The Other Side of Herzliya

14 Mar

Sculpture Garden at Herzliya Museum of Art

Sculpture Garden at Herzliya Museum of Art

City Gate, Unfinished Architectural Project

City Gate, Unfinished Architectural Project

Roundabout with Kitschy Topiary

Roundabout with Kitschy Topiary. This is near where I parked my car.

Aside from a few trips outside my immediate neighborhood, I’ve spent most of the three months I’ve been in Israel exploring Herzliya Pituach, the affluent suburb to the west of Herzliya City. If you do a Google image search on Herzliya you will come across images of the glitzy aspects of Herzliya Pituach: the upscale Marina where scads of yachts are docked, steel and glass office buildings housing hi-tech companies, shimmering white sand beaches along the blue-green waters of the Mediterranean. The larger Herzliya City, separated from its glitzy suburb by both the A2 and A20 highways, is notably underrepresented.

On Saturday, I took a drive into the City center — a dry run for my hair appointment today on Sokolov Street, the main drag in Herzliya. Since it was the Sabbath all businesses, save a couple of convenience stores, were closed. The streets were quiet, only a few families out and about for a stroll. Granted, it’s a plain little city but I found it has a quaint small town charm. There was a fountain built to look like an aqueduct around which couples with young children had gathered, feeding a flock of pigeons. The town hall is a square unprepossessing building. A grander architectural project down the road seems to be in progress. It’s called City Gate and features a curved building. Across the street from City Gate is the Herzliya Museum of Art. A sculpture garden surrounds the museum. I had forgotten to bring my Nikon with me but took a few snaps with my camera phone.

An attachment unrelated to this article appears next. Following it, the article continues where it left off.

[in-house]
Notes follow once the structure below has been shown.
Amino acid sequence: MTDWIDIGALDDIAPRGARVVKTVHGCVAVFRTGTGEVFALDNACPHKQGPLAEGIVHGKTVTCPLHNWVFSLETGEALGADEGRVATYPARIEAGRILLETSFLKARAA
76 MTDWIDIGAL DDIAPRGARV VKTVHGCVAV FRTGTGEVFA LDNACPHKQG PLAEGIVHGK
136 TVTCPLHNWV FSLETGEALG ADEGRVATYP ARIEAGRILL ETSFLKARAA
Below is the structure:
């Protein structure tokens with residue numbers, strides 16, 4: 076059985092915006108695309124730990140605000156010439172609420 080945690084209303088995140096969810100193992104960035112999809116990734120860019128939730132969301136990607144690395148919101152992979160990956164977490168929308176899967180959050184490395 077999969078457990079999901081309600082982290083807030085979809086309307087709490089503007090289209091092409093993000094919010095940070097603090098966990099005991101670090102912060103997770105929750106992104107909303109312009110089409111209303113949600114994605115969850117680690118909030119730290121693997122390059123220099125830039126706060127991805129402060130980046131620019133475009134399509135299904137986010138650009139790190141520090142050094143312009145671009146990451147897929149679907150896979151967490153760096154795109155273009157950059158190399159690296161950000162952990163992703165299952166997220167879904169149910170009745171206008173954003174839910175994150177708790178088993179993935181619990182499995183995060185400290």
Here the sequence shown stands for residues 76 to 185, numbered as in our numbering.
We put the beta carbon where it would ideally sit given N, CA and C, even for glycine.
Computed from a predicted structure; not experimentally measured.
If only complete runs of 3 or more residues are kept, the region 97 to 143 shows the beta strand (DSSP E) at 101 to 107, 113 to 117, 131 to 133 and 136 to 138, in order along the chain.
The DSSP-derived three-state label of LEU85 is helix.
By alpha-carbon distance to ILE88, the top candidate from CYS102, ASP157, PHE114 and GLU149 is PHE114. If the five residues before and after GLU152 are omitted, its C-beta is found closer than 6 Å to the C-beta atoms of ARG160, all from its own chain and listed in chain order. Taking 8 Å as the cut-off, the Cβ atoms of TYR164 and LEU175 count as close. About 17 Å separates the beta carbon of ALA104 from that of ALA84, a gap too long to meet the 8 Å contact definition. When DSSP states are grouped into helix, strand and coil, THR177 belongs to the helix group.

Today, I drove into the City center for my hair appointment. It took me 10 minutes to get there and 45 minutes to find a parking space. Today was a work day and the city was abuzz with activity. After my haircut, I explored some of the shops along Sokolov street. I was curious about a deli shop I’d seen on Saturday. The store front was emblazoned with signs in English: Cold Cuts, Hot Dogs, etc. etc. I went inside and found a small grocery stocked with many Russian goods. Many of the labels were in Russian only, no Hebrew whatsoever. Further down the road I found a little gift shop that had a rack of greeting cards. I needed to get a get well card, so stepped into the shop. There were no greeting cards in English…or Hebrew, for that matter. They were all in Russian! Evidently there is a large population of Russian ex-pats in Herzliya. A news agent had a copy of Time Out Tel Aviv but, predictably, it was in Hebrew only. I found some bilingual English-Hebrew get well cards in the Steimatsky book store.

I enjoyed my little foray into the City center and plan to go back and explore beyond Sokolov Street with Nikon in hand.


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